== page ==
You can only request a death certificate in Missouri if you’re related to the deceased or have a legal need for an authorized document. When it comes to who needs original death certificates, this is typically limited to family and legal authorities.
These privacy laws in Missouri exist to protect the deceased and their families. They ensure information isn’t released to the public about sensitive, private matters.
When should one request a long-form record?
In Missouri, vital records applications can request either a short or long-form record. For the majority of cases, a short-form record is more than enough. This is an official document indicating someone has died, and it’s used in most instances.
However, some families might request a long-form record with more information about the death if they want it for genealogy purposes. Additionally, it could be used for historical or legal research.
How long does it take to get a death certificate in Missouri?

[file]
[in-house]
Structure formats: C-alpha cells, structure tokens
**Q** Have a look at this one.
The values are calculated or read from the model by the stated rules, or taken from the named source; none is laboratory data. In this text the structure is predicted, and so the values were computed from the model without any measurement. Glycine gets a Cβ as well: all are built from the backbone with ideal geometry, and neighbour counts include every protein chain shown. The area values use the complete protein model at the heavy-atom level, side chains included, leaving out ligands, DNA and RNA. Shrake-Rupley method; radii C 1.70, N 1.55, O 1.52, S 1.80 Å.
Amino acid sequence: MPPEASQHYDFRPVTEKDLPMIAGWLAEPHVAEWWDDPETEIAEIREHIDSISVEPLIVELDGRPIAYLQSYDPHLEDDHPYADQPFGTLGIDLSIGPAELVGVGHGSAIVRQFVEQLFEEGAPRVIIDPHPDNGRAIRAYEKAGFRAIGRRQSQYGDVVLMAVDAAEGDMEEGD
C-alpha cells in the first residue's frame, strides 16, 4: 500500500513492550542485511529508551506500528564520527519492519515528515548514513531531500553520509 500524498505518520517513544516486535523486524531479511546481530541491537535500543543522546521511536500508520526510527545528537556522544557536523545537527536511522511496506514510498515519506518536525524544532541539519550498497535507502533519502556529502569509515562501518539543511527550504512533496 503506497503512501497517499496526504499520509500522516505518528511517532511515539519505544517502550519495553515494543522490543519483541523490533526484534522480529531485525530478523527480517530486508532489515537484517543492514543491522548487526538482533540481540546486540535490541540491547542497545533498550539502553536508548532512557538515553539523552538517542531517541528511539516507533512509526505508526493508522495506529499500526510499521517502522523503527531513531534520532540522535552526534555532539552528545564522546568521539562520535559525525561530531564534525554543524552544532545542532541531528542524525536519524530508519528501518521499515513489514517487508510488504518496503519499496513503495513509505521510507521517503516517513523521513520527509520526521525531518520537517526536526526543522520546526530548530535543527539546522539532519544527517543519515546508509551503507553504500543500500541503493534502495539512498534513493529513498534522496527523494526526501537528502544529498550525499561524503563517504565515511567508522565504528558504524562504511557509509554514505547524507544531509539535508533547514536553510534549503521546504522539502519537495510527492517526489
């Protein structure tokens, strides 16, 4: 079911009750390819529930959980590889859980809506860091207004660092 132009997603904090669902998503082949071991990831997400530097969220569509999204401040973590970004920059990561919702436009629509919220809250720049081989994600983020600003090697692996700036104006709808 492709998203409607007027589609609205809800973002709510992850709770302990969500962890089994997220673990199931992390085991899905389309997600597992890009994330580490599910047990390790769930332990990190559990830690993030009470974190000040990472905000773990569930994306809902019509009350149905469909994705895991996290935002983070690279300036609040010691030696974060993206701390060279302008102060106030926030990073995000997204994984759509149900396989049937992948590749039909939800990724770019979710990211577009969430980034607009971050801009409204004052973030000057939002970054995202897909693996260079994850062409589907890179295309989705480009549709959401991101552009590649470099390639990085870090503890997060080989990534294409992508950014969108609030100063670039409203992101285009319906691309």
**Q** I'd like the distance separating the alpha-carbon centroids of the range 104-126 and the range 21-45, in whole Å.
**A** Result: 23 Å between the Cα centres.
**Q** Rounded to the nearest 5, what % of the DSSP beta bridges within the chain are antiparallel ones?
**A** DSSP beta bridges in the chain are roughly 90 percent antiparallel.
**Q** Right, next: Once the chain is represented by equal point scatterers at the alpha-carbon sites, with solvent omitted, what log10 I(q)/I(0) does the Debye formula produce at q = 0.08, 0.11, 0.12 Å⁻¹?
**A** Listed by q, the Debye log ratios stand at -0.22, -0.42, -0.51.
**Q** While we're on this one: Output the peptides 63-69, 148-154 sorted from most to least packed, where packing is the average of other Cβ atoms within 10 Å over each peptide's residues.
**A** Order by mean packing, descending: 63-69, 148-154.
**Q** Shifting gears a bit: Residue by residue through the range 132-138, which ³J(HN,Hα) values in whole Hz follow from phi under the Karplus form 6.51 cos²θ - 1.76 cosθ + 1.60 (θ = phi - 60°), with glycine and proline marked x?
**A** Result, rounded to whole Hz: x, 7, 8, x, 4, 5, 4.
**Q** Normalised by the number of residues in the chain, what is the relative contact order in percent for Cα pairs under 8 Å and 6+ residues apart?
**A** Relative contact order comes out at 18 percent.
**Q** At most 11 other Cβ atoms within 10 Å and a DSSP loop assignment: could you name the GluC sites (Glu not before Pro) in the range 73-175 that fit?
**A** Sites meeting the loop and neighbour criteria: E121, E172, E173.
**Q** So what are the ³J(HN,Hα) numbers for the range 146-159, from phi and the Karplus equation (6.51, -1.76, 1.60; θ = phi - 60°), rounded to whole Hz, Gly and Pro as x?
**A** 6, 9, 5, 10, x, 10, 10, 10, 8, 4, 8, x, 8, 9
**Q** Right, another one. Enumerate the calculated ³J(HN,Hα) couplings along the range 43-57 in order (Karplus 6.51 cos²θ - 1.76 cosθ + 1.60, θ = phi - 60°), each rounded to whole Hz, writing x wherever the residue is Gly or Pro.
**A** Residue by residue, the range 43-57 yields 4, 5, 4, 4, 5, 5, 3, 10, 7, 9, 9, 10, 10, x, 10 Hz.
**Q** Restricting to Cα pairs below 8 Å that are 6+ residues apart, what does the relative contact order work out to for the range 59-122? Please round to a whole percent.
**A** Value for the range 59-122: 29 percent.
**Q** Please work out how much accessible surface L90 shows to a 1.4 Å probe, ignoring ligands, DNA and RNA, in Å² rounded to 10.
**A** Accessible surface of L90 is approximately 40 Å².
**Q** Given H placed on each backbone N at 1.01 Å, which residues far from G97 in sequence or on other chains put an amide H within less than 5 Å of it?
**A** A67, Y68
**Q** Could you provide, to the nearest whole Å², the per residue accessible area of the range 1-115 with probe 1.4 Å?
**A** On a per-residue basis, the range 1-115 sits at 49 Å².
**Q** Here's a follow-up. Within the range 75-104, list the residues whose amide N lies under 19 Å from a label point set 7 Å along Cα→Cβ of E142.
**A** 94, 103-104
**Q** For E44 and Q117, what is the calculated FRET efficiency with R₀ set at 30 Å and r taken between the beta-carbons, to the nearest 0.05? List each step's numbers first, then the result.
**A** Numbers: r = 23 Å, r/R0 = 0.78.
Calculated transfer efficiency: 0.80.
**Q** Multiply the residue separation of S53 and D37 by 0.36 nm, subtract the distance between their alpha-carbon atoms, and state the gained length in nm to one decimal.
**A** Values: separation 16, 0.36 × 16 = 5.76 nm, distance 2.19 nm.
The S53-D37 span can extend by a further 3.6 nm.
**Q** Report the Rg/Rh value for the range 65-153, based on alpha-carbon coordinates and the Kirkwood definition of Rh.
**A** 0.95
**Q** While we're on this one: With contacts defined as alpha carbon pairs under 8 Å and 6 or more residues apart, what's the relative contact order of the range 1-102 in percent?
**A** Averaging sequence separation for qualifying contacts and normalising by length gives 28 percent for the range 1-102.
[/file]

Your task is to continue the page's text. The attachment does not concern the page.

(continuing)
The fastest way to access a record is to get it locally. If you’re able to visit a local office where the document is held, this is the fastest method and you might get same-day service.
Otherwise, current processing times are between two and four weeks. If your request has errors or requires more searching, it could take longer than this.
Search for Death Records in Missouri
Compared to other states, Missouri makes it relatively easy to find vital records from before 1910. As long as you’re eligible under state privacy laws and take the steps to verify your identity, the process is straightforward and easy.
Ordering a death certificate shouldn’t be complicated. This is one of the most important records you’ll ever order, and it’s an important part of the final affairs process. Though it can be intimidating, don’t be afraid to take the first step to order the records you need.
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- “Order a Copy of Vital Records.” Missouri Department of Health & Senior Services. Health.MO.Gov